Saving money in an IRA or 401(k) is one of the best ways to prepare financially for retirement.
These investing accounts offer tax benefits, including deferral of taxes on funds contributed to traditional IRAs and 401(k)s.
But there’s a provision in IRAs and 401(k)s that can trip up unsuspecting retirees. Known as required minimum distributions (or RMDs), this provision requires retirees to start withdrawing money and paying taxes on withdrawals when they reach a certain age.
What is a Required Minimum Distribution (RMD)?
The RMD rule is fairly simple. When you reach age 72 — or age 70½ if this was before January 1, 2020 — you have to start withdrawing a minimum amount of money from your traditional IRA or 401(k) each year.
The required amount is based on your account balance at the end of the previous year. This amount is divided by the applicable distribution period or an age-based life expectancy factor to arrive at your RMD.
Consult IRS Publication 590-B (Appendix B) for life expectancy tables that can be used to determine this amount. New life expectancy tables were updated in 2022. This was the first update since 2002. These changes went into effect on January 1, 2022.
Following are some of the most common questions many people have about required minimum distributions.
When Do RMDs Start?
You have until April 1 of the year following the year you turn 72 (or 70½ if this is before January 1,2020) to withdraw your first RMD. For example, if you will turn 72 on October 1 of this year, you’ll need to take your first RMD on April 1, 2023. Each year thereafter, you must take your annual RMD no later than December 31.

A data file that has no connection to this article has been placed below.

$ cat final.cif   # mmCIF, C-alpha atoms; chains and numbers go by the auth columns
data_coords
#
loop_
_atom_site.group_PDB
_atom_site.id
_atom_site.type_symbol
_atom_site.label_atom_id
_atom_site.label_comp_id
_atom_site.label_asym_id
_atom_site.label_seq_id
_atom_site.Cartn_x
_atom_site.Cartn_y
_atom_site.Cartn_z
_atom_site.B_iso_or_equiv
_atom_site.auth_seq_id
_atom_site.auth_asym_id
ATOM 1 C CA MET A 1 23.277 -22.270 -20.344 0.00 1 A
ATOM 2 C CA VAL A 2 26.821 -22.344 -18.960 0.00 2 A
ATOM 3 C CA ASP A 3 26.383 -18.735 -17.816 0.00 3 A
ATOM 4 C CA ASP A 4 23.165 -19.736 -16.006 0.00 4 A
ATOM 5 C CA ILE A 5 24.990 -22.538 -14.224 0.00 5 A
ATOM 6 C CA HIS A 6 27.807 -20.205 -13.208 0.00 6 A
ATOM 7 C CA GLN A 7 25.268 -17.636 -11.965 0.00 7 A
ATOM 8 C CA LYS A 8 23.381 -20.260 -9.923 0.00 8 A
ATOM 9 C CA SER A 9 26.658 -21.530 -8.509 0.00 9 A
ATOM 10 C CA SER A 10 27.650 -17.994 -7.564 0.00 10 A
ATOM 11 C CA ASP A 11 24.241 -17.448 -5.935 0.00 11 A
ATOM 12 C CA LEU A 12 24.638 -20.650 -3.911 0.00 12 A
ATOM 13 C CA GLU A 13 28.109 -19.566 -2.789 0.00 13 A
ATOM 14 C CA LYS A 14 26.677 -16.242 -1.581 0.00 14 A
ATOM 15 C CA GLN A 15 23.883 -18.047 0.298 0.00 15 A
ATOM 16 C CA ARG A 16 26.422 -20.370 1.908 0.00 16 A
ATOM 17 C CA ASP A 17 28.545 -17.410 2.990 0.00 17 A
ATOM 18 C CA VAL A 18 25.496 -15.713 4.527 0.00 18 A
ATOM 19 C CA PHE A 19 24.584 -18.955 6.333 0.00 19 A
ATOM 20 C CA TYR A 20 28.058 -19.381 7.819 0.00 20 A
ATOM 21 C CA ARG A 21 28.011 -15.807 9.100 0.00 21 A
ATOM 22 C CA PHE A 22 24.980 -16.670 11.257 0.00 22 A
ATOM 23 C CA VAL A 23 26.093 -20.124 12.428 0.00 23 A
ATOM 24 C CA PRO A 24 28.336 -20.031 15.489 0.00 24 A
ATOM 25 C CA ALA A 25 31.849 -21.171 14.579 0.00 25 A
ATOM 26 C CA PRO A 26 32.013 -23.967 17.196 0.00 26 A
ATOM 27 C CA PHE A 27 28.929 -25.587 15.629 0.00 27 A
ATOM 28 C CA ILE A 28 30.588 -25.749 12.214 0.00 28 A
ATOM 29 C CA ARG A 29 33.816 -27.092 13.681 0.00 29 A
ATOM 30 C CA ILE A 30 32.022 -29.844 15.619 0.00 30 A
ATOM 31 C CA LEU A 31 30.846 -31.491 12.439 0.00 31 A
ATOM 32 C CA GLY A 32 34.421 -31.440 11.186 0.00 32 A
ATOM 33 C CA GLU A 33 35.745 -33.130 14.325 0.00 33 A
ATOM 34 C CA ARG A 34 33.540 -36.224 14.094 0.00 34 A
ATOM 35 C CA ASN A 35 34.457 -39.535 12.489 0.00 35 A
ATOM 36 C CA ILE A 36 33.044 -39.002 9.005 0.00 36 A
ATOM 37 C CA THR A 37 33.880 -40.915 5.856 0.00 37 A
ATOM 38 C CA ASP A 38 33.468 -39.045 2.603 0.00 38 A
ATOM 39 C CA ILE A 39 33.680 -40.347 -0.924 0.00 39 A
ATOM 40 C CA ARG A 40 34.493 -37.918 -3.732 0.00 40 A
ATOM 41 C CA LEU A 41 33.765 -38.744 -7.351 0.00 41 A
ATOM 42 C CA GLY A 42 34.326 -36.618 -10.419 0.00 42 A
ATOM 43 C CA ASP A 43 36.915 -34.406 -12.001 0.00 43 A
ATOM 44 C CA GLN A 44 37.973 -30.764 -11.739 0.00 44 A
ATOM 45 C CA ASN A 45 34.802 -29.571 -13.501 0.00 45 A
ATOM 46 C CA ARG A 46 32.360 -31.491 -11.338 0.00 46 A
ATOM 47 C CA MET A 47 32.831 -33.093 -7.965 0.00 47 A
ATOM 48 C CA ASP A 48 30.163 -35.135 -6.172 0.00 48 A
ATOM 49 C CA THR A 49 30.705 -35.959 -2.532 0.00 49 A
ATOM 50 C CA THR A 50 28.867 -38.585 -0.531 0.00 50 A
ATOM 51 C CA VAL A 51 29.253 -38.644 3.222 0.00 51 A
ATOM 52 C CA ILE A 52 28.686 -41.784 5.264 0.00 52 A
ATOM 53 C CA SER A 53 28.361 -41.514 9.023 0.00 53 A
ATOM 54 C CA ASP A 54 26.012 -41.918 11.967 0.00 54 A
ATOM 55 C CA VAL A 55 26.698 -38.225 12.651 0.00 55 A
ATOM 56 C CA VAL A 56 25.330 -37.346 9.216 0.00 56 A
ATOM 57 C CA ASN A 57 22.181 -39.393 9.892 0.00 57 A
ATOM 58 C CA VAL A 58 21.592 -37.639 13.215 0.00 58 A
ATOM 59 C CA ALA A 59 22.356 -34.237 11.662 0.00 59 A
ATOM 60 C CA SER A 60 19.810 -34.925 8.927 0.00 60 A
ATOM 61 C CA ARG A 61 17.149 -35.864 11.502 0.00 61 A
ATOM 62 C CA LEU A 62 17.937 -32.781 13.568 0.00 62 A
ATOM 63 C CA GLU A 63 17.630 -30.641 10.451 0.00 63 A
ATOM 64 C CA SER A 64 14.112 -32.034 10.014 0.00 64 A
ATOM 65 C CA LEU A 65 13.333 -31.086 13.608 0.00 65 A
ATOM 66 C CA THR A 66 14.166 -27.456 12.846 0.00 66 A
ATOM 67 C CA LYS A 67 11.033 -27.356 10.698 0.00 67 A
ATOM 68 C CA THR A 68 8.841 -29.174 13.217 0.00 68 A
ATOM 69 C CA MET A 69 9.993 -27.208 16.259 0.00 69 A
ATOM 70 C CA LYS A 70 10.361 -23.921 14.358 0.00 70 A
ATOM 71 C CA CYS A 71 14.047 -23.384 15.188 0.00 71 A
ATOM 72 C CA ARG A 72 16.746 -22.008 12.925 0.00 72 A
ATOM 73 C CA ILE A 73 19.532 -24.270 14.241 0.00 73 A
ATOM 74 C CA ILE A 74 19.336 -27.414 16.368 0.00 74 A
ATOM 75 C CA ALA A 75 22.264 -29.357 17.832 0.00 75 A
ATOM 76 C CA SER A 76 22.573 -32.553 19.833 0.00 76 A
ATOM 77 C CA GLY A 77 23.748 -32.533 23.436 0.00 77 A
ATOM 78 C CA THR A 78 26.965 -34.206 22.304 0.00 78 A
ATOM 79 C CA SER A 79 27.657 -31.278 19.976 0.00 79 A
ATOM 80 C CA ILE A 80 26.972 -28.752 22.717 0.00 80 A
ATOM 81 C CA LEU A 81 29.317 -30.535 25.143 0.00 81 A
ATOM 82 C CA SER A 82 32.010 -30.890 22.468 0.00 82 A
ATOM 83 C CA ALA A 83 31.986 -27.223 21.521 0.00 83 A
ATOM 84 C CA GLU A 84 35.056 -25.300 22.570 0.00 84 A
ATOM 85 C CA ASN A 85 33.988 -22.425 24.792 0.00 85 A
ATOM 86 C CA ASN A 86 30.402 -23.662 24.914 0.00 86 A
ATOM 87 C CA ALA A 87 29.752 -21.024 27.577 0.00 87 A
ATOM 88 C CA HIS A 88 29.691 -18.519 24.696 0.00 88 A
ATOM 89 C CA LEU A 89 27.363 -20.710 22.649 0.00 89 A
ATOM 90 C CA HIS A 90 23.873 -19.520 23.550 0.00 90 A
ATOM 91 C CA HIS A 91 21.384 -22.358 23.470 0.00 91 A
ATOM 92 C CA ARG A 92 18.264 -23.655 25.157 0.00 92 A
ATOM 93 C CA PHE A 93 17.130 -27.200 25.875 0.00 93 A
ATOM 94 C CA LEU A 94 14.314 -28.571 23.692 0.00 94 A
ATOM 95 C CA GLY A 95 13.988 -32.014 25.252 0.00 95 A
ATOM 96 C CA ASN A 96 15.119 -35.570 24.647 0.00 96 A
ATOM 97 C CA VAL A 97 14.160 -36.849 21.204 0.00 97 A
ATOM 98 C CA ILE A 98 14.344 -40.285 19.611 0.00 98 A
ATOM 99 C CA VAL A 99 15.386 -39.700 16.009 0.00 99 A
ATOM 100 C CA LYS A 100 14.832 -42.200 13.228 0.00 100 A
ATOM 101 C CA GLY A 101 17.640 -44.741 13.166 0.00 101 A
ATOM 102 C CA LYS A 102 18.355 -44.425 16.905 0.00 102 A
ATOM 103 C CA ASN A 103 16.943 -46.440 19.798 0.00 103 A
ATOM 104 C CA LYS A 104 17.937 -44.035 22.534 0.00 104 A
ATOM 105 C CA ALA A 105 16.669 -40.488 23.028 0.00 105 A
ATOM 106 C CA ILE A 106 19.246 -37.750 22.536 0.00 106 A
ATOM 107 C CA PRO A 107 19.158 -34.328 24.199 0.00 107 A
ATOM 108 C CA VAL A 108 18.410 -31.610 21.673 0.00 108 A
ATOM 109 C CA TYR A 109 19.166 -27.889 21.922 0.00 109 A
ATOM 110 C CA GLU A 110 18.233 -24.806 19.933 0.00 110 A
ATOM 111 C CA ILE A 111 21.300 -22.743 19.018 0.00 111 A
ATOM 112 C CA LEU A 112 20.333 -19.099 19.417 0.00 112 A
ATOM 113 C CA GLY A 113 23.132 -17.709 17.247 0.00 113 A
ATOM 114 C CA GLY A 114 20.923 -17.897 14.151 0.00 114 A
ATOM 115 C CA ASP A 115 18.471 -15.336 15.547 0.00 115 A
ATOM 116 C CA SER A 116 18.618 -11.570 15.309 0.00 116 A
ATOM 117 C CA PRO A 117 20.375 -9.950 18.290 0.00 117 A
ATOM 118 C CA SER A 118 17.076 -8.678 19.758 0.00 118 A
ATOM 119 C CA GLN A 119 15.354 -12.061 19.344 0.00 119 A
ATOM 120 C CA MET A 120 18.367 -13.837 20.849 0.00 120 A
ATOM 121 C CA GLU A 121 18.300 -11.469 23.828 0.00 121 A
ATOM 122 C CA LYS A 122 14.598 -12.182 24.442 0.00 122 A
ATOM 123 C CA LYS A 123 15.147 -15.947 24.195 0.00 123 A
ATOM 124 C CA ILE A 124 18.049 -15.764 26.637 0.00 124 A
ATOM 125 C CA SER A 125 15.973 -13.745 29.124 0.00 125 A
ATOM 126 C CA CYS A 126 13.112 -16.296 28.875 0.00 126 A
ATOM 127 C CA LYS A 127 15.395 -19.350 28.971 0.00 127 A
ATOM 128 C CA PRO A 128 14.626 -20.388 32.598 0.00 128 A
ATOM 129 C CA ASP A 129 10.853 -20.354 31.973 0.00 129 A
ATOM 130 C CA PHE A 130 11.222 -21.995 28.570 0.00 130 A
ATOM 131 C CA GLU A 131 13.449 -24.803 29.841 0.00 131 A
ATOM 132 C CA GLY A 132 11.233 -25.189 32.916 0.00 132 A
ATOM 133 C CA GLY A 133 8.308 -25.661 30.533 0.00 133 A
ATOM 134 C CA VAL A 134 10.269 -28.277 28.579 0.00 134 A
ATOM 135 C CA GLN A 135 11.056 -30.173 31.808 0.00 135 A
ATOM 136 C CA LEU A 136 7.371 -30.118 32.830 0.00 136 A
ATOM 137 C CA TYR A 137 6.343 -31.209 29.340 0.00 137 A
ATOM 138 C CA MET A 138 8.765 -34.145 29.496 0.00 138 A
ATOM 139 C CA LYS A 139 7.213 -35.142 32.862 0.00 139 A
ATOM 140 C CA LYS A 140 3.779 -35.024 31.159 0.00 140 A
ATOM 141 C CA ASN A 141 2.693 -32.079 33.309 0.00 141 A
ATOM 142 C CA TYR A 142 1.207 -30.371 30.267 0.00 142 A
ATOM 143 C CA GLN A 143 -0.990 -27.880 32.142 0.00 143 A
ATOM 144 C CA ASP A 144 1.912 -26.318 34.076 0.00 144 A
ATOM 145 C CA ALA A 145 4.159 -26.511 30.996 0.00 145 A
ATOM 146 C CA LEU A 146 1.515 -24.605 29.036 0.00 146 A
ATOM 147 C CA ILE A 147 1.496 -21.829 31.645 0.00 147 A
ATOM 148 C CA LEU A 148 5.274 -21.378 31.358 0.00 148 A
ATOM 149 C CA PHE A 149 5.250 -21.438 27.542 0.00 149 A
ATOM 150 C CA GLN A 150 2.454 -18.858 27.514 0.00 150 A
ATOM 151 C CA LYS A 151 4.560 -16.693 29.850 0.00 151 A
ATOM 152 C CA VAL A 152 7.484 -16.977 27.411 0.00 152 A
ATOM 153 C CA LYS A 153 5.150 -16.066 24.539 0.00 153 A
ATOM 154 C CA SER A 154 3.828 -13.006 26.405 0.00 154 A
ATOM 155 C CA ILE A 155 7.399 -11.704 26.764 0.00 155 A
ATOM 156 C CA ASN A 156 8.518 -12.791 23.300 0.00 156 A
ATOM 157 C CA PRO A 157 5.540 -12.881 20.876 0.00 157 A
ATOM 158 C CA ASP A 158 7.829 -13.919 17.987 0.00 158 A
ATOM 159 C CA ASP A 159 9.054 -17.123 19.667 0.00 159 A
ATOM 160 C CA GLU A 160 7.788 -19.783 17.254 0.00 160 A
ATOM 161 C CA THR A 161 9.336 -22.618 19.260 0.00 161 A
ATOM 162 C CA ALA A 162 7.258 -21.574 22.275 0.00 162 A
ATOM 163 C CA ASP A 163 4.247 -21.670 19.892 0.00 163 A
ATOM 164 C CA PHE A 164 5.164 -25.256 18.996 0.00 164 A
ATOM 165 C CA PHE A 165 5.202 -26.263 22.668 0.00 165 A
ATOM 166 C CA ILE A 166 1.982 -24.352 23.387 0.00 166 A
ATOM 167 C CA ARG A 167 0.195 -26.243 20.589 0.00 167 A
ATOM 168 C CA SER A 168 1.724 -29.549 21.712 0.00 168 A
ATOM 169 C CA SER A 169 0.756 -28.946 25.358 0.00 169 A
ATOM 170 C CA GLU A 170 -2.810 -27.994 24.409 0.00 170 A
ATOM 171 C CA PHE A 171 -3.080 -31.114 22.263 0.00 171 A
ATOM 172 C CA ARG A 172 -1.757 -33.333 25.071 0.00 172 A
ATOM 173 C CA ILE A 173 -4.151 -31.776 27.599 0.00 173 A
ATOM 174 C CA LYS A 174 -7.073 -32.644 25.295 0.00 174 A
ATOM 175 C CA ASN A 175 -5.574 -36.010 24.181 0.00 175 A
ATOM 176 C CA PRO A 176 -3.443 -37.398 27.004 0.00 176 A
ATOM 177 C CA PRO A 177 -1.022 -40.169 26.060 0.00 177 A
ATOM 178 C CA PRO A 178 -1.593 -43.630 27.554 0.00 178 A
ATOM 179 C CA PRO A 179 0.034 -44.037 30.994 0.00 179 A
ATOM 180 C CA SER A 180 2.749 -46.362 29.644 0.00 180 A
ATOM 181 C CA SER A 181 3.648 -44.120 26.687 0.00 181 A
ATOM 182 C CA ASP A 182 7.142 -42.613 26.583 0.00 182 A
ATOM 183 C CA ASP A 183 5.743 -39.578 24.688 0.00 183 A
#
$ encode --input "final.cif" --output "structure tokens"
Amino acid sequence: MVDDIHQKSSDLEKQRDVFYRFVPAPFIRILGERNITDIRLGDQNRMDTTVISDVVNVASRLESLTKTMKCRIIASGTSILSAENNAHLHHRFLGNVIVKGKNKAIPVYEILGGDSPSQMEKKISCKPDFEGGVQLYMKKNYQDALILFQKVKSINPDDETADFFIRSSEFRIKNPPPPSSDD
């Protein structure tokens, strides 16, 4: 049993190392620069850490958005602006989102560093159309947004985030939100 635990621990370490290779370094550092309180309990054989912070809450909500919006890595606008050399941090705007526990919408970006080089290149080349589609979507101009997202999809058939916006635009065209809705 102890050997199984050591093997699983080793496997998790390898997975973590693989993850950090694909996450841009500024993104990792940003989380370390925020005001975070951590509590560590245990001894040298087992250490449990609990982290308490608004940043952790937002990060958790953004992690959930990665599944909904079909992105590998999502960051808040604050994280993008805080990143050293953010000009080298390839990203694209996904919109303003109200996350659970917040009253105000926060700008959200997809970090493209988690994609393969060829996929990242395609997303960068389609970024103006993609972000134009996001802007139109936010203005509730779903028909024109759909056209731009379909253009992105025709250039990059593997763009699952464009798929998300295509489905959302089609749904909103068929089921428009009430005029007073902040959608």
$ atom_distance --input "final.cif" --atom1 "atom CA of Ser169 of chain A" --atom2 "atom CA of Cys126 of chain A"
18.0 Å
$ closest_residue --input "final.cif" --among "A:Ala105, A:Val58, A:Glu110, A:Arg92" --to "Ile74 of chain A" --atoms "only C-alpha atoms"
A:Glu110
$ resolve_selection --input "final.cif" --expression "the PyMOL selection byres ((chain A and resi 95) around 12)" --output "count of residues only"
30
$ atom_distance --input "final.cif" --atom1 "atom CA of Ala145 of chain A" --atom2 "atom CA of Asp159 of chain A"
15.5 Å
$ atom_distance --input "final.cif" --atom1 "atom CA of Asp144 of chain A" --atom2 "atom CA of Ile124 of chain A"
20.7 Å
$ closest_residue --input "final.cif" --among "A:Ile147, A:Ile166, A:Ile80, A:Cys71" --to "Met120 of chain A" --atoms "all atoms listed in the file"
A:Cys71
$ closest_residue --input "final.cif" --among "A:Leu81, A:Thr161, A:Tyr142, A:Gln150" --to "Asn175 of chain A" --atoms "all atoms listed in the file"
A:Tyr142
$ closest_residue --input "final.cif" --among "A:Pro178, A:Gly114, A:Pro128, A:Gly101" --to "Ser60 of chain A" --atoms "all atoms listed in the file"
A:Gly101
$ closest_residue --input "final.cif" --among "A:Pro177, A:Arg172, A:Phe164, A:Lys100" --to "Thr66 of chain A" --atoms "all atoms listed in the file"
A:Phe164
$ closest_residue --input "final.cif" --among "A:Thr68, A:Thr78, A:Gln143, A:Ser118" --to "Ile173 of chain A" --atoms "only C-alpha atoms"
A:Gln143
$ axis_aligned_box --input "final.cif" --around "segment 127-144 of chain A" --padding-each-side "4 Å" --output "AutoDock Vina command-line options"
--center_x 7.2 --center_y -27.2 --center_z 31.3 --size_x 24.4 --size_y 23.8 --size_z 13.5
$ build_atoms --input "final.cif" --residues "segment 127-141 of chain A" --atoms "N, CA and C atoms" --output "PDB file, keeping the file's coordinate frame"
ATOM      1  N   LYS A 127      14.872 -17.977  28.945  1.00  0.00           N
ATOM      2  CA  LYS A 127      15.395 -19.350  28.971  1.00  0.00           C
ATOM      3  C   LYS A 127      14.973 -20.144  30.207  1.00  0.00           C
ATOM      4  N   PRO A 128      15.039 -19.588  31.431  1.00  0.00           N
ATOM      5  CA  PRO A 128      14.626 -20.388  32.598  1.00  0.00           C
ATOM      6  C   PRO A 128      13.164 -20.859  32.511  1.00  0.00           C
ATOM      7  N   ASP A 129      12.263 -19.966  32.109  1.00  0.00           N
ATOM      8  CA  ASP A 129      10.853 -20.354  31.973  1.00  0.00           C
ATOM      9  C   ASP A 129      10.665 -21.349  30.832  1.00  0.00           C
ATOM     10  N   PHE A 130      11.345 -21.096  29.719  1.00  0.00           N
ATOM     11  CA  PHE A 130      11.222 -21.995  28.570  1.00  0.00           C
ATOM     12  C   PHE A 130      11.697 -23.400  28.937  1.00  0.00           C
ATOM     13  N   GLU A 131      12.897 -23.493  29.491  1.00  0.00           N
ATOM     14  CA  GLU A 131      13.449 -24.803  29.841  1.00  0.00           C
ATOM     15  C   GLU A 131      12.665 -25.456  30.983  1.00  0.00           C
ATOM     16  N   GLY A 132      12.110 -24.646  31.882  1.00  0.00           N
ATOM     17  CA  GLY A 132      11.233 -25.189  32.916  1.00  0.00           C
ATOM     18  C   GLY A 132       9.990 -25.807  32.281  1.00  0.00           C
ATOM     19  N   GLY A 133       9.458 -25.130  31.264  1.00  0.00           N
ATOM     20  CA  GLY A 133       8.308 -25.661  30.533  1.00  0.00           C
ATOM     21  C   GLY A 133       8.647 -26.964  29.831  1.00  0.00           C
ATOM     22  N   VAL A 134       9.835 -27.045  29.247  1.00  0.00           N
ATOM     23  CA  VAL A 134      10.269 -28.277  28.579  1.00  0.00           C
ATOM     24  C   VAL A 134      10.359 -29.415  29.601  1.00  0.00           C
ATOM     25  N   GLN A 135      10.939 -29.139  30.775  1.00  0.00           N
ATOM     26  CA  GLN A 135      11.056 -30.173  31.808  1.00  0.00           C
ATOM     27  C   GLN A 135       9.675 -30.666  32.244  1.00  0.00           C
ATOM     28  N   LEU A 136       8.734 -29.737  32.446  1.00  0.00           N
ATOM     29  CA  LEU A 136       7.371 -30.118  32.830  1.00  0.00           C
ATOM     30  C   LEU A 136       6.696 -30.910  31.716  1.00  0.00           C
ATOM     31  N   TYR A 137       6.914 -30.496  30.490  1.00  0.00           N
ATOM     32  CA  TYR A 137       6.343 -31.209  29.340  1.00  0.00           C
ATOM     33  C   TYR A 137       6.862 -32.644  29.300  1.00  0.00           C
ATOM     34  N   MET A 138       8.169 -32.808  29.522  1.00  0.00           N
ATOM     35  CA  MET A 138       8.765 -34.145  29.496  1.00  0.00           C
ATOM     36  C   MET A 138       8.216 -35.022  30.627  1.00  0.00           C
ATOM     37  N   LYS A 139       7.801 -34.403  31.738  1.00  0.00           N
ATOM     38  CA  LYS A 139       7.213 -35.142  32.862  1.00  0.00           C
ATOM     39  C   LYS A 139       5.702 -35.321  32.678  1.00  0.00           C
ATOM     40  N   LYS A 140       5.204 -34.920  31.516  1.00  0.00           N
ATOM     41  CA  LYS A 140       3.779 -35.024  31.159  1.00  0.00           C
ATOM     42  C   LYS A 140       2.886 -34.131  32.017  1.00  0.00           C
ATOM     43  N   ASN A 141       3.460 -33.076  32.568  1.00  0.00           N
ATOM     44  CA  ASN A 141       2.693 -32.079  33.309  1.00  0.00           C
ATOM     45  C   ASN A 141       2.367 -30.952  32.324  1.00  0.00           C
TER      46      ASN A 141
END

What Percentage is the RMD?
The required withdrawal amount is a percentage of the account balance. This starts at about 3.5% at age 70½ and increases with age: The SECURE Act increased the RMD age to 72 from age 70 ½. This, paired with the new RMD life expectancy tables, will slightly decrease the amount required to be distributed, which will allow retirees to keep more funds in their retirement account to provide the possibility of living longer.
Are RMDs Taxed?
Just like all funds withdrawn from qualified retirement accounts, RMDs are considered taxable income. Therefore, taking RMDs will result in higher reported income on your tax return and, thus, higher income taxes during the year they are taken.
What Types of Retirement Plans Require Minimum Distributions?
RMDs are required for all employer sponsored retirement plans including 401(k), 403(b) and 457 plans. They are also required for traditional IRAs, SIMPLE IRAs, SEPs and SARSEPs. They are not required for Roth IRAs while the original account owner is still alive because taxes have already been paid on the funds in these accounts.